Or rather, what had once been the entrance to the station. Where the station entrance stood, there is now only palisade fencing. There is no station sign with double-arrow logo – indeed, at street level there is no sign that a station exists here.
Peer through the fence, however, and there is more to see. Norton Bridge station is (was?) a single island platform, with the tracks of the West Coast Main Line passing either side of it. The station was never particularly busy, but until 2003 it was served by a local stopping service between Stafford and Stoke. This service was withdrawn, supposedly as a “temporary” measure while work continued on the West Coast Main Line modernisation. However, during the upgrade works, the footbridge giving access to the station’s platform was removed, leaving the platform marooned, with weeds growing on it and the former waiting room boarded up and derelict.
Despite all this, the station is still officially open in the eyes of the railway. The existence of the 490 bus, which accepts rail tickets, is apparently considered sufficient to fulfil the train operator’s obligations.
I was able to point my camera through the fence and grab plenty of shots of the isolated platform, complete with Regional Railways-branded signage. There is a “Way Out” signpost on the platform with an arrow pointing to the non-existant footbridge. The only remnant of the bridge is the concrete base in the gap between tracks.
There was a small gap where the fence was lower. With some careful positioning, Ian was able to get a shot of me with one of the station nameboards in the background, which I had to accept as the Station Master picture.
We had an hour to kill before our bus back to Stafford, so we took time to explore the village (well, hamlet, really) of Norton Bridge. The brief Wikipedia article about the village states, in typical understated fashion, that it is “lacking amenities for residents”, and this is certainly true.
We walked the length of Station Road (a name now tinged with irony), and saw very little of note. There is a church, a phone box and a pub, the Railway Inn, which was closed. And that was it. Not even a village shop. An England flag fluttered gently in the breeze in one of the well-kept front gardens, and that was just about the only visible sign of movement.
Scott and Ian seemed unimpressed that I had dragged them to this isolated, lonely place. I ignored their complaints – the station was what I had come for, and seeing that was enough in itself as far as I was concerned. In search of civilisation, we wandered as far as Smithy Lane at the edge of the village, but found nothing but a field full of sheep and an older gentleman with a walking stick wandering around in a suspicious fashion.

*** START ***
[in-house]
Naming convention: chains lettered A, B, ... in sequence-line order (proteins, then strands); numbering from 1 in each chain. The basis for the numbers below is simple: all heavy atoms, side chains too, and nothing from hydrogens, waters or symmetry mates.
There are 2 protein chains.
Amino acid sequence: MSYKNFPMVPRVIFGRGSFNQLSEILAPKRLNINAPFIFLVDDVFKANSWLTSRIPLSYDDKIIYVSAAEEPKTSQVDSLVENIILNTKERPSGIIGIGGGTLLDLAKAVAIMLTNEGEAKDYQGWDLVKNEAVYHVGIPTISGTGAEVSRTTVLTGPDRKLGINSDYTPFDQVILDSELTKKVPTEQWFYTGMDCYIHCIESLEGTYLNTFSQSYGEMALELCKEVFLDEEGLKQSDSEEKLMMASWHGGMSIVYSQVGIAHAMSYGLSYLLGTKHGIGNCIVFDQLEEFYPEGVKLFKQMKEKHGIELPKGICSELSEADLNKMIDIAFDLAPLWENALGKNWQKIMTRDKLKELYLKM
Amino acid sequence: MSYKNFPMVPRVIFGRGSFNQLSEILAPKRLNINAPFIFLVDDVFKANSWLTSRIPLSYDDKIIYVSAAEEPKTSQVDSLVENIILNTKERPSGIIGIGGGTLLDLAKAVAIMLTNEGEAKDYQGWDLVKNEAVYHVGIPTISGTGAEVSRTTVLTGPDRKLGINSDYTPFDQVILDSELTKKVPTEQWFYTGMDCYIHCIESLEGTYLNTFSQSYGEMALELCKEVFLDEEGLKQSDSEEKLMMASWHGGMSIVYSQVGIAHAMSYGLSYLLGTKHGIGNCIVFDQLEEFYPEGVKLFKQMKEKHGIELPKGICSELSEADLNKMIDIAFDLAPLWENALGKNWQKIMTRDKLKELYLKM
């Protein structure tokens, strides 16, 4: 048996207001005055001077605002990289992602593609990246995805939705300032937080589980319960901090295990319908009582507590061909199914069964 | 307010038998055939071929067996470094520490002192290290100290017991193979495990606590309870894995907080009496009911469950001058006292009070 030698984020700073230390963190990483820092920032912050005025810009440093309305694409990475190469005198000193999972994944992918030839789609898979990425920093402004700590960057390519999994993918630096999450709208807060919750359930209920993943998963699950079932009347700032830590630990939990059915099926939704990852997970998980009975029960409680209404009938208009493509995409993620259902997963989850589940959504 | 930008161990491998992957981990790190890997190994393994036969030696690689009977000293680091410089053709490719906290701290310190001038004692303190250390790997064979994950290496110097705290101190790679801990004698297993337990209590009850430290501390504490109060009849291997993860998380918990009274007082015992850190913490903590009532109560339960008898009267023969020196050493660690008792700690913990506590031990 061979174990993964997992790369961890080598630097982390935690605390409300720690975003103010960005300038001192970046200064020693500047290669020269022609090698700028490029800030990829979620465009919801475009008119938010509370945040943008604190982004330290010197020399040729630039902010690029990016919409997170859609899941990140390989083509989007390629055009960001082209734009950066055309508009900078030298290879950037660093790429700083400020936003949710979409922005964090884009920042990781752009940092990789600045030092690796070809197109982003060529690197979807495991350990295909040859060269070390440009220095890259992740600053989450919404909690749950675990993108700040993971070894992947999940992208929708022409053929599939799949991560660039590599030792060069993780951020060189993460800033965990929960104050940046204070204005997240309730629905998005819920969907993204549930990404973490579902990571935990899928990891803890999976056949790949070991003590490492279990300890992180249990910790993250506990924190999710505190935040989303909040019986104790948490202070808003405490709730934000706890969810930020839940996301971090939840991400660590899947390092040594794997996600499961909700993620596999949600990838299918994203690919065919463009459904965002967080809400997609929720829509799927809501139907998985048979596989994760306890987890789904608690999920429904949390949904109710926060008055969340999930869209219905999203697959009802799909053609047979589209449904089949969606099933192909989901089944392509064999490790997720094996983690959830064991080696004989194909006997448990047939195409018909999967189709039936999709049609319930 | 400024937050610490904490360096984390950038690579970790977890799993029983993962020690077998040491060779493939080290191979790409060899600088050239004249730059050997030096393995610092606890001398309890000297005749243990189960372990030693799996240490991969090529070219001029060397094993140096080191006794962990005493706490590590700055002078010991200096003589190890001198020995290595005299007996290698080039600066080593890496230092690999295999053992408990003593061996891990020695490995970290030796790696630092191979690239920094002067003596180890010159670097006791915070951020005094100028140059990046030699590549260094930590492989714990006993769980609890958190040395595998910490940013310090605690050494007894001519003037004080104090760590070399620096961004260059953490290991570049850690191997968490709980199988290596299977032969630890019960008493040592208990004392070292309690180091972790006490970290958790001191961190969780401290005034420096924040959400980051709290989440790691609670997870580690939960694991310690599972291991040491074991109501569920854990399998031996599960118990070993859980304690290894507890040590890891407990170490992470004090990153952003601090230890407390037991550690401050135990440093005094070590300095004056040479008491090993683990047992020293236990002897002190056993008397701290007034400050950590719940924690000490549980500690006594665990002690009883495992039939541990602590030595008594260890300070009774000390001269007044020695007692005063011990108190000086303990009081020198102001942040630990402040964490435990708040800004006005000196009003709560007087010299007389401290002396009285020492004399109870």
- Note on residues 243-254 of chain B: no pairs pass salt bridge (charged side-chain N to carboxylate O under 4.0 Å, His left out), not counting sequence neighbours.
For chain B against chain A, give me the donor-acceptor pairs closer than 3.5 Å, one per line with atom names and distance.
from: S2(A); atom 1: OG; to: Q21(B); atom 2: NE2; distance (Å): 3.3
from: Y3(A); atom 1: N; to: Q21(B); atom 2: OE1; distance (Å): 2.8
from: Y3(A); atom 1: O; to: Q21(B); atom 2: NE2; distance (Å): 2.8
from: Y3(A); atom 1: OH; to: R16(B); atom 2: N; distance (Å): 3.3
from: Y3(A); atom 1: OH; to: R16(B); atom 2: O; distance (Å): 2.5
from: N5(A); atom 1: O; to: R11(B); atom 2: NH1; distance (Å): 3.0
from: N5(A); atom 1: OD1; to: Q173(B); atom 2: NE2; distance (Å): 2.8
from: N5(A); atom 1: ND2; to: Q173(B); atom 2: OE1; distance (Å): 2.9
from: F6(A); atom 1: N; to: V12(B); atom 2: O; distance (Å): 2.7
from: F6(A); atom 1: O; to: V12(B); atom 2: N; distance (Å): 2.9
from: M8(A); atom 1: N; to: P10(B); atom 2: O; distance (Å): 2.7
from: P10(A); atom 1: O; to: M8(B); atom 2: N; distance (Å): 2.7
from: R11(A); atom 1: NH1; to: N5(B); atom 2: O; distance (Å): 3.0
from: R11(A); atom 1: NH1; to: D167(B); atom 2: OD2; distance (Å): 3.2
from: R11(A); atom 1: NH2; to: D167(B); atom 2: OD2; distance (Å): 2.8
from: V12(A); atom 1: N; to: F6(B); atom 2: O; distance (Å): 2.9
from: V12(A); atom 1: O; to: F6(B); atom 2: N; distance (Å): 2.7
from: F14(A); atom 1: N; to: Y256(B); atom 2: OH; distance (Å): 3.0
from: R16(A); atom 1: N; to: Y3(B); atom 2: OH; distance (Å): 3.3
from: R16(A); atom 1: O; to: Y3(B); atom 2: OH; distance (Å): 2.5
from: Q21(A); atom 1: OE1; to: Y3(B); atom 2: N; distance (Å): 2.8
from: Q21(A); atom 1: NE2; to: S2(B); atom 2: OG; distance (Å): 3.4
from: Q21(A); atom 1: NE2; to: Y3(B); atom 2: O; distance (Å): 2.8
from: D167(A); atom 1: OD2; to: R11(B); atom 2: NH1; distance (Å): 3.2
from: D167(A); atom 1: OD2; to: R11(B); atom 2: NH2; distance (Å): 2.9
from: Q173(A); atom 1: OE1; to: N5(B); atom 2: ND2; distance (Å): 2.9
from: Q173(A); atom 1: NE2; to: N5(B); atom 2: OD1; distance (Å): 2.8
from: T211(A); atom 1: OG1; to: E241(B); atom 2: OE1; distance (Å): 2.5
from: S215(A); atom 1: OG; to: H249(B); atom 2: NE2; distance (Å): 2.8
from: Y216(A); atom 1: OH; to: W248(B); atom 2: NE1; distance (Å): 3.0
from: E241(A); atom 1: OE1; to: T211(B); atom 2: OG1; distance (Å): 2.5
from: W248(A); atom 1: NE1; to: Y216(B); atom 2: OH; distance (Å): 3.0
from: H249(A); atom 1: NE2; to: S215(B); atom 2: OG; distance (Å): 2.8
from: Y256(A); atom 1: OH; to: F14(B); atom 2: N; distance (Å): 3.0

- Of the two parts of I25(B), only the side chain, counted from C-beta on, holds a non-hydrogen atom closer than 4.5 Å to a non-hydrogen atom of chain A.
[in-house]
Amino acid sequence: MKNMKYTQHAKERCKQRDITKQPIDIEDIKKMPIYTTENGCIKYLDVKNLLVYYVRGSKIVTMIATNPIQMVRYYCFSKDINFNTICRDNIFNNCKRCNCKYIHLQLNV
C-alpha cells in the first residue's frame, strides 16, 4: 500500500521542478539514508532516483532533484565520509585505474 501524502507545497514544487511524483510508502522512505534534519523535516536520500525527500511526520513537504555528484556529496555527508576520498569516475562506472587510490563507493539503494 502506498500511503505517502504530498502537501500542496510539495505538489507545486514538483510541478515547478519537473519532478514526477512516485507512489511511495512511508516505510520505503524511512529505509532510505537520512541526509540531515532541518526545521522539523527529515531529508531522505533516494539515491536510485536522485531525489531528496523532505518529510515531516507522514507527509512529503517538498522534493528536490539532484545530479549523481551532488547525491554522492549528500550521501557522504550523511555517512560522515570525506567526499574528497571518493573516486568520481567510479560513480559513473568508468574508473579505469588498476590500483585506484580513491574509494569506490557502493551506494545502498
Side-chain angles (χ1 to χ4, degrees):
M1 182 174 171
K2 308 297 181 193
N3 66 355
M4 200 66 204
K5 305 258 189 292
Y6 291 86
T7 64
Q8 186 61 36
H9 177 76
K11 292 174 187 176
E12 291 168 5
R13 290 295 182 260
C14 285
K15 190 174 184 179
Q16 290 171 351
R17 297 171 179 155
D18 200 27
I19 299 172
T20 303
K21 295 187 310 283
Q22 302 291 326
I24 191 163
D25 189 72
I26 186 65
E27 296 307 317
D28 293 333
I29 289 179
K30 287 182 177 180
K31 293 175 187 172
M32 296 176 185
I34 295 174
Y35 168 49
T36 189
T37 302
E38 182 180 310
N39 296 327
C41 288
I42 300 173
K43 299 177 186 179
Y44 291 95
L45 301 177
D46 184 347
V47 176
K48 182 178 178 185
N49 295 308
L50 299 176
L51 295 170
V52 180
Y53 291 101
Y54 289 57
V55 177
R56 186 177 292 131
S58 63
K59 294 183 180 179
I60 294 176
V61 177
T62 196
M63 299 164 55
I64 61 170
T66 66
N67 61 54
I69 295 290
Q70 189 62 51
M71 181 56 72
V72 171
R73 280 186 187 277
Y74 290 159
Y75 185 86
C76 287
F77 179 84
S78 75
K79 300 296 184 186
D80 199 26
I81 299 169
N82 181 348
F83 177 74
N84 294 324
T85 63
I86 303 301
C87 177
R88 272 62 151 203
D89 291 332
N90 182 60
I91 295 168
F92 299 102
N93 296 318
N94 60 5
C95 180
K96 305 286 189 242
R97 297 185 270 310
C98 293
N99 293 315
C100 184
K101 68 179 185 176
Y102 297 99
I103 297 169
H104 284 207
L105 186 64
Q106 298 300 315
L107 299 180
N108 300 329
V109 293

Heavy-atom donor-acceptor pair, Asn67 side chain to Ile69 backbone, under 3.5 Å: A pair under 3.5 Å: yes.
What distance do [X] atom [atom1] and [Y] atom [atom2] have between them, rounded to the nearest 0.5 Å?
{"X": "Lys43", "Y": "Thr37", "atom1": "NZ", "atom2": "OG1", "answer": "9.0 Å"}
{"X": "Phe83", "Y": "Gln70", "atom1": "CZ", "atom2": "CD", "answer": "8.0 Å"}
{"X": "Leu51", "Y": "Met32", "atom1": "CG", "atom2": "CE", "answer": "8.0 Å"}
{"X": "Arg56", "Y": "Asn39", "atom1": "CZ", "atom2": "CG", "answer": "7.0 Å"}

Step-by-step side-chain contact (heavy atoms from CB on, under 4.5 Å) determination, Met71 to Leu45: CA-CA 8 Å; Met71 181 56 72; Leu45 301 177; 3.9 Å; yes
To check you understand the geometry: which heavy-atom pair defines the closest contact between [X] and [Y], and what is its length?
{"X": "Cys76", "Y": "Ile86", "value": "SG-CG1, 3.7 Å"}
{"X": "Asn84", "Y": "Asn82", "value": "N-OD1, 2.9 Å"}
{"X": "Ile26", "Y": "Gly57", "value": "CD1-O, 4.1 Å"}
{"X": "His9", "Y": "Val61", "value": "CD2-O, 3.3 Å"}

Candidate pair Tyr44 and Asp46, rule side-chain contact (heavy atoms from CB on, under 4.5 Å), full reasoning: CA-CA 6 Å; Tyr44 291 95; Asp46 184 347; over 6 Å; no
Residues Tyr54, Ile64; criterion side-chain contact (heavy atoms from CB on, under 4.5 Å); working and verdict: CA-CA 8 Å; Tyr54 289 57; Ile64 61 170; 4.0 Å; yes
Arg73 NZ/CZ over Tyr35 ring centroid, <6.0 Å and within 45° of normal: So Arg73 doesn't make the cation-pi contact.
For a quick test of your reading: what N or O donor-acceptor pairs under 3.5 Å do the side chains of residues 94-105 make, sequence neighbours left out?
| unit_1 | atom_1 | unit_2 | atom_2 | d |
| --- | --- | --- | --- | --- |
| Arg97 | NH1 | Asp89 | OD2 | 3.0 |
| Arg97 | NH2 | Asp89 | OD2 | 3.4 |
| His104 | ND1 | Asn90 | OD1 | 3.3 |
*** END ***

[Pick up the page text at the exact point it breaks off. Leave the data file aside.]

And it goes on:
In a final desperate attempt to find something of interest, we checked Grindr to see where the nearest fellow homosexual was (2.9km away, if you’re interested). Having exhausted the limited entertainment options available, there was nothing else to do but to trudge back to the bus stop.
The Parish council noticeboard was busy with details of meetings and social events, although I couldn’t help but think that it was a picture of a noose on the poster in the bottom right.
As we waited for our bus back, a train crawled through the station, eventually coming to a halt next to the platform, where it waited a minute or so to allow another train to overtake. I pondered: if the footbridge were still there, there would have been no time penalty to that train if the doors had been released to allow one or two people (which, realistically, is all there would ever be here) to board or alight. Unfortunately, the footbridge will never come back: the cost of a replacement could never be justified, given the low traffic potential.
Norton Bridge is almost certainly doomed. Just north of the station, there is a junction where the line to Stoke diverges from the West Coast Main Line. Network Rail is proposing to remodel this junction to improve line speeds and increase capacity. If this plan goes ahead, the platform is likely to be demolished entirely. It will be interesting to see if the formal closure procedure finally takes place.
Until then, however, Norton Bridge will remain as one of the oddest stations on the National Rail network. It’s a station whose operation complies with the letter of the law but in practice helps nobody; a monument to the myriad rules and regulations of the railway which are supposed to protect the passenger’s interests, but which in practice can be twisted to suit the needs of officialdom.